In spite of all these hand-wavy figures, the question remains, given the deflationary effect of China selling off treasuries, how much collateral would China need to hedge coverage for the loss from discounting after selling off half of its USD reserves? With USD exposure of remaining reserves, what collateral will retain its value in the event of a USD devaluation? How much would China be willing to pay to have a monetary system independent of the US? And finally, how much underlying (fractional) collateral would a country need to back a new reserve currency, or viable "special drawing rights"?

China has signaled repeatedly that it wants monetary independence, and to reduce its exposure to US policy, even suggesting a few years ago it wished to re-denominate its reserves in IMF special drawing rights (units in a basket of currencies held by the IMF).

Standard fractional reserve banking levers every dollar of deposit at about 20:1 to 30:1, so I would  suggest that when the value of Chinese gold reserves hits 1/20th to 1/30th of USD holdings, there may be an opportunity (or an option) for Beijing to launch a competing reserve currency backed by gold and to absorb any of the more severe losses on their USD holdings the change caused. It would be a very Chinese way for them to extricate themselves from their subjection to US policy, and without dumping treasuries into the market. They may then plausibly insist they are not dumping the US, but merely going their own way.

China operates like a battle ship, where it takes tremendous power to maneuver it or change its course, but once pointed in the chosen direction, barring sea changes, its progress is all but inevitable. The party has already signaled the direction it intends to take quite clearly. The question now is how long it will take to get there, and what must be left in its wake.

Some figures for consideration:

 According to super-reliable global authority, Wikipedia, China has official gold reserves of 1056 tonnes. There are a few moving parts here, but assuming a gold price of about $1,600/oz this is about $60-million per tonne. Countries are notoriously secretive about their real gold holdings, and almost all figures are not audited. Some countries probably have more, and some less, depending on their respective agendas. Add to this that governments store much of their gold in other countries, notably with the New York Fed and other places, it's hard to know for sure how much a government holds and how much is just promised to them by a foreign repository.

There is little if any incentive for China to be forthcoming about how much gold it has. Officially, its holdings are valued at only %1.8 of their foreign exchange reserves, where the global average is nine times higher at over %16.  That is, China's official gold reserve numbers are not even statistically significant. While it is unlikely to hold none, we can make a baseless presumption it could have (or will shortly acquire) closer to 2-3000 tonnes. Somewhere between $120-180-billion at current prices. Why? Because it's a highly liquid hedge against devaluation of their USD reserves, and there would have to be some crazy and obvious reason for them to have purposefully eschewed the accumulation of gold, and in spite of the example of every other country accumulating it.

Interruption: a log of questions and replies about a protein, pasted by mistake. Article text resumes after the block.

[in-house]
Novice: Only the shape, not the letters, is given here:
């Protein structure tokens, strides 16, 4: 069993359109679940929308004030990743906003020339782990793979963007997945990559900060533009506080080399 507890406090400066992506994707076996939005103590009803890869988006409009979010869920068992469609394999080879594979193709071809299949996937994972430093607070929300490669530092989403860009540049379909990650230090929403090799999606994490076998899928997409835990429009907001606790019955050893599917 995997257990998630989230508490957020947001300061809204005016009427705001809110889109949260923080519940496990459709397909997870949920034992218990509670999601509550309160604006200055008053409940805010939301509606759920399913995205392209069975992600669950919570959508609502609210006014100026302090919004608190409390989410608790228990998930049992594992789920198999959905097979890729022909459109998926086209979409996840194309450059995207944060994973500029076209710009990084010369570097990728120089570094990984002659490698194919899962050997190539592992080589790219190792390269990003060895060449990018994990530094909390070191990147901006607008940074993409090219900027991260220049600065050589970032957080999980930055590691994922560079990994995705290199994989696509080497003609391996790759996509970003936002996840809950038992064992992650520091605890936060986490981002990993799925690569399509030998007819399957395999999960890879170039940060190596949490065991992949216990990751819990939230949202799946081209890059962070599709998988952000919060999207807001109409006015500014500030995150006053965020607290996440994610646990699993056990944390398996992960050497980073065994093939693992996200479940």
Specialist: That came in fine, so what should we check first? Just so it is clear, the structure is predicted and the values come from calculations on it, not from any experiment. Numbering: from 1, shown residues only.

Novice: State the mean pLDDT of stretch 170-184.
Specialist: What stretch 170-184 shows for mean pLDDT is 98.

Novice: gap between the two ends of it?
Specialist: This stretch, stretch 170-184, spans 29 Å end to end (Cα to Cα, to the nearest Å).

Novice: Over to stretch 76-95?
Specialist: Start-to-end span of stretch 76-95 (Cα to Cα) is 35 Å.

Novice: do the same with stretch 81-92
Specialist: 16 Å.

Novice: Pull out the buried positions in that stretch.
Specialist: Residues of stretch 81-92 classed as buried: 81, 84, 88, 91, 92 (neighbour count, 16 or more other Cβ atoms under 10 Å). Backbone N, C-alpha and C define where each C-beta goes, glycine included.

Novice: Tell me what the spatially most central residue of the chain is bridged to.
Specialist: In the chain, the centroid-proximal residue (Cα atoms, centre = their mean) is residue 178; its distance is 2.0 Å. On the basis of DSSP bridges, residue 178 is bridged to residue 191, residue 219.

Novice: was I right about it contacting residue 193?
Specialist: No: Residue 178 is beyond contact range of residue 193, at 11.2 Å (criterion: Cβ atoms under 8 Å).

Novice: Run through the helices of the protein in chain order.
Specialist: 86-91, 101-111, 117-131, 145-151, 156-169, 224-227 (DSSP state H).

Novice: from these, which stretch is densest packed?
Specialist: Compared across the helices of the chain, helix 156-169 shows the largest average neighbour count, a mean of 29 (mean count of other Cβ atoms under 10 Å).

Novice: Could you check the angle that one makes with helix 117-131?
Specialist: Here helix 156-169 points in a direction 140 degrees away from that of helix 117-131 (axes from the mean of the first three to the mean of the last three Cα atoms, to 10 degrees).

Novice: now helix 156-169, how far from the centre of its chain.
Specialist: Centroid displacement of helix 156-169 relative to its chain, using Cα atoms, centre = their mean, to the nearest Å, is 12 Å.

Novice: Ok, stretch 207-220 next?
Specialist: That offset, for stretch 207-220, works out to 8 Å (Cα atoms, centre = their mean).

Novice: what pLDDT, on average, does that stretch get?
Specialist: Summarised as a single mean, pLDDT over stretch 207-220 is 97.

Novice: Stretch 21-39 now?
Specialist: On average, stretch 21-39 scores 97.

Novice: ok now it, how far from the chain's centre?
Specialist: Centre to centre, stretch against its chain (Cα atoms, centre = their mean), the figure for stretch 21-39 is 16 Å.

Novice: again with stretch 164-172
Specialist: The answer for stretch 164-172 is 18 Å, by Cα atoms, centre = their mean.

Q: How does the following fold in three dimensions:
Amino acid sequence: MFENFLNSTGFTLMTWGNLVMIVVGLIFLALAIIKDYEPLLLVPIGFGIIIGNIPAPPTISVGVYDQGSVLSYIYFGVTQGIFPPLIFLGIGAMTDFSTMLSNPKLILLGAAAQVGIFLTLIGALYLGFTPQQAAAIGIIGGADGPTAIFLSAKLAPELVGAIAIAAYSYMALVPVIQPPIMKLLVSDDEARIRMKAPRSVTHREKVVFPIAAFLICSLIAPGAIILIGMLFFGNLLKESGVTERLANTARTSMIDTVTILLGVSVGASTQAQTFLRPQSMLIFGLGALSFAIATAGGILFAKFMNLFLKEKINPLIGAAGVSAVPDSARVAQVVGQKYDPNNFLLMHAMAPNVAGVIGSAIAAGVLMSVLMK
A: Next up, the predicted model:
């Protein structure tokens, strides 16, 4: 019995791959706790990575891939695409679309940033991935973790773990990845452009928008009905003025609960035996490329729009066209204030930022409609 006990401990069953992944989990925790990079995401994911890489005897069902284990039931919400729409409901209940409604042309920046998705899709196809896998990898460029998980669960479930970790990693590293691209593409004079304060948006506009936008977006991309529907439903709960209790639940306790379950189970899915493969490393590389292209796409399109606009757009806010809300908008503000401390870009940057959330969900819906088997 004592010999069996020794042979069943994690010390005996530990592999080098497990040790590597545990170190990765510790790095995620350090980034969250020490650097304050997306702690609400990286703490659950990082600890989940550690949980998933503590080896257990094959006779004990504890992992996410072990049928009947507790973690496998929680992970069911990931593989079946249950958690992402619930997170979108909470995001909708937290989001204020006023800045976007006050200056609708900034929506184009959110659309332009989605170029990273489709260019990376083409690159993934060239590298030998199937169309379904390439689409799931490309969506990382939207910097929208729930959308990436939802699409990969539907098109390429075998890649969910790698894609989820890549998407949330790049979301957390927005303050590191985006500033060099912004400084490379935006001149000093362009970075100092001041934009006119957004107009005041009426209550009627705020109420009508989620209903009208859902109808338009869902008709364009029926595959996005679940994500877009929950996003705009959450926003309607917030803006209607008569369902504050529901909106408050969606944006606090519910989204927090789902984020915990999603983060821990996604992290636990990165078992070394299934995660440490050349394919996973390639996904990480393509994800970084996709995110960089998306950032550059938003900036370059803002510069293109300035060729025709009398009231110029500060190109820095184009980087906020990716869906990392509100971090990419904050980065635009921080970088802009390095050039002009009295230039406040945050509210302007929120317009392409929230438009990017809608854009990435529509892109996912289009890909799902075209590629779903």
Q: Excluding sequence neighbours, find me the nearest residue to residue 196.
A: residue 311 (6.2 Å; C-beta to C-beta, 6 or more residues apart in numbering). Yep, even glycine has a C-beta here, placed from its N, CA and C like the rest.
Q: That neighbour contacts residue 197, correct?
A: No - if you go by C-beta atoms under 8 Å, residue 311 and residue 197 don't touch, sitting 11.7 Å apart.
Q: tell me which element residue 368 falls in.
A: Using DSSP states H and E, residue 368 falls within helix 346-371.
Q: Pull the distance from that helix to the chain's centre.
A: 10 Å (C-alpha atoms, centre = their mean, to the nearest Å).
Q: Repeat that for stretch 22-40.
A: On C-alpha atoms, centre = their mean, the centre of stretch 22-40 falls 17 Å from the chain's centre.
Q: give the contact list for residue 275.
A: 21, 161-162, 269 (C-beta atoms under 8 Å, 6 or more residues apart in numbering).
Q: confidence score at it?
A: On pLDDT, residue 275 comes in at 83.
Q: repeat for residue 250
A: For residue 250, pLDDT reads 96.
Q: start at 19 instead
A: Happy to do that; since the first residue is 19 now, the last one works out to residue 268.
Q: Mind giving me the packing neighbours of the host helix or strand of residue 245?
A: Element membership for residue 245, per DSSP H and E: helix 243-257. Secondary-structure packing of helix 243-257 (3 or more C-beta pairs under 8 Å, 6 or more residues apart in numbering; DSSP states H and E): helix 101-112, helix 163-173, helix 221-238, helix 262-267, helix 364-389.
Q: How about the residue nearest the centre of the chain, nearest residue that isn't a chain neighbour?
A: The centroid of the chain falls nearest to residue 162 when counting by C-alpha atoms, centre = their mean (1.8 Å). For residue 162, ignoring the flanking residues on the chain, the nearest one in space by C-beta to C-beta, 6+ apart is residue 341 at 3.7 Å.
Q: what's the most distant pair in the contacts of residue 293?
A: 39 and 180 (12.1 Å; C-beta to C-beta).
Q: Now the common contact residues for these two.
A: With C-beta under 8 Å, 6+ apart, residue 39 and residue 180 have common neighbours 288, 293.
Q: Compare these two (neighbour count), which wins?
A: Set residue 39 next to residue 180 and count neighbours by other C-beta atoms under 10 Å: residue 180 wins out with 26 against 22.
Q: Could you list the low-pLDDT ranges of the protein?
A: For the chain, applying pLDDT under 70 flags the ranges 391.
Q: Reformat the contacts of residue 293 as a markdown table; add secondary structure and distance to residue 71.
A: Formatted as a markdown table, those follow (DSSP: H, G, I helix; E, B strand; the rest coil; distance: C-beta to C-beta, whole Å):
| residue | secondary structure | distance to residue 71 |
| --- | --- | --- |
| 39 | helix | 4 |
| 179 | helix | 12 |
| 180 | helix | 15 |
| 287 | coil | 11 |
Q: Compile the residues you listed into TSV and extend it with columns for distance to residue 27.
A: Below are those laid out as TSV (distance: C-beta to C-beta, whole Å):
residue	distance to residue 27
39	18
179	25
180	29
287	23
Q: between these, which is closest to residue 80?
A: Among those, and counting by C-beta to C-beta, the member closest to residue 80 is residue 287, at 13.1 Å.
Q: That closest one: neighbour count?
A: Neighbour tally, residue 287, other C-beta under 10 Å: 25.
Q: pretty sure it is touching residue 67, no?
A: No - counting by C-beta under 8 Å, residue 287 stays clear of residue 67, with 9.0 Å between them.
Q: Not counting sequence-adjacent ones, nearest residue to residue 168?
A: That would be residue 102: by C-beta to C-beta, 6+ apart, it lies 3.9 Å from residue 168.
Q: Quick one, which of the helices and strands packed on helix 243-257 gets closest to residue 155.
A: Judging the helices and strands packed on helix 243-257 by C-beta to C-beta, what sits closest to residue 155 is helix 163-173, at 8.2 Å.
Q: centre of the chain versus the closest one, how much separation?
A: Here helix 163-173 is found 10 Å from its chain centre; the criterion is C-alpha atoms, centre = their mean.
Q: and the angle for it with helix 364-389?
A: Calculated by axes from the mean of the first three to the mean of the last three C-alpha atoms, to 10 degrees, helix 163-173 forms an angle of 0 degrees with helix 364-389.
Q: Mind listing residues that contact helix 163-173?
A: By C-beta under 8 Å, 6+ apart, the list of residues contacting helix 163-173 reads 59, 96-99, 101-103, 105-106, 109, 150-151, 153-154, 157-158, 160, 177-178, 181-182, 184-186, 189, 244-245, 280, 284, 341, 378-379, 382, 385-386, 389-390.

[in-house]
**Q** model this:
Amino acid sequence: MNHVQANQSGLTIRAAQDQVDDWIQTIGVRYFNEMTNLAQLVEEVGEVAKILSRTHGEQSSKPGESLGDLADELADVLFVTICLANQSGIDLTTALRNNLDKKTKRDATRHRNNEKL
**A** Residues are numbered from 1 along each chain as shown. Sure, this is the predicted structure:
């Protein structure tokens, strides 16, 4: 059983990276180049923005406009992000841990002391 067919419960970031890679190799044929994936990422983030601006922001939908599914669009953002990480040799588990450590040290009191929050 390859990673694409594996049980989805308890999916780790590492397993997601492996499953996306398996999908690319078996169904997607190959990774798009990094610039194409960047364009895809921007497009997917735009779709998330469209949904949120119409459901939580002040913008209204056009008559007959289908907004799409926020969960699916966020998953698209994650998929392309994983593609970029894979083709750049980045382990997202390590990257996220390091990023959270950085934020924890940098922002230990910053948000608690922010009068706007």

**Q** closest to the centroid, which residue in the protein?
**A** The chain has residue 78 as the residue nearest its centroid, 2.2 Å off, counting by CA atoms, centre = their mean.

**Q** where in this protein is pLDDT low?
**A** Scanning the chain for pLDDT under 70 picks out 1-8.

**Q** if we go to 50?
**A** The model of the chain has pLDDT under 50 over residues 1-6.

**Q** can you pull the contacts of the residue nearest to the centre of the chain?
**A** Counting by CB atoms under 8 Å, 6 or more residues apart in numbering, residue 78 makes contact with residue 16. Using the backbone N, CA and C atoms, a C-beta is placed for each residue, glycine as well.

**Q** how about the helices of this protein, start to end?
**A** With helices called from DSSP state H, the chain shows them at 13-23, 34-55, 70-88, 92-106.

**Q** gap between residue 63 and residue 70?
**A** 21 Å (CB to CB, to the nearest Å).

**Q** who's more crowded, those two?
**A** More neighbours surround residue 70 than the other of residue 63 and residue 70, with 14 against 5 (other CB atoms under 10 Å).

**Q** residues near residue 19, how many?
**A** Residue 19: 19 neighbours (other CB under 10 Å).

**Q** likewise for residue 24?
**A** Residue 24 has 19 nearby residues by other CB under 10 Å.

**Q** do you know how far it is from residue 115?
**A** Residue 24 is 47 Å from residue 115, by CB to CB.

China is ranked as 8th in the world of gold holdings, but 6 and 7 spots each belong to Italy and France, who still hold more than twice as much as China. 

Funny thing about that Wikipedia average is that I've proposed China is lying after presuming everyone else is telling the truth in spite of how unreliable official gold figures are, but the deviation from average gold holdings as a percentage of reserves is so large (nine times), as to emphasize its improbability.

More interestingly, if gold were the collateral for a new competitive global reserve currency, at what point does it become the urgent interest of the current reserve currency coalition (US Fed) to undermine the value of China's (and perhaps the IMF's) gold reserves?

It would depend on the capital requirement for the new currency. If it were 20:1 (%5 capital requirement like a bank under a fractional reserve system), at current gold prices (~$60m/tonne) that's $1.2B of gold-backed sino-bucks per tonne. Or just under $1.5trn when measured in China's 1056 tonnes in reserve.

It suggests that there is significant incentive for western governments to undermine the price of gold as the unknown reserve levels in emerging powers could be of sufficient value as to back a competitor to the USD.

The question is: how much gold, at what price, and what leverage ratio will allow China to launch a parallel SinoDollar gold backed currency?

Or alternatively, at what price will governments intervene to drive down the price of gold as a last ditch effort to block Beijing's currency gambit, and what will it look like? Issuing more gold certificates and ETF-like products will drive down demand for physical gold in the short term. Or maybe something more radical like driving down domestic demand by confiscating gold in forced sales or exchange for certificates.

It's just a question of whether that will give enough time to use some political advantage to head off China at the pass.

And, just in time, it appears that the folks at Zerohedge are on the case.


No comments:

Post a Comment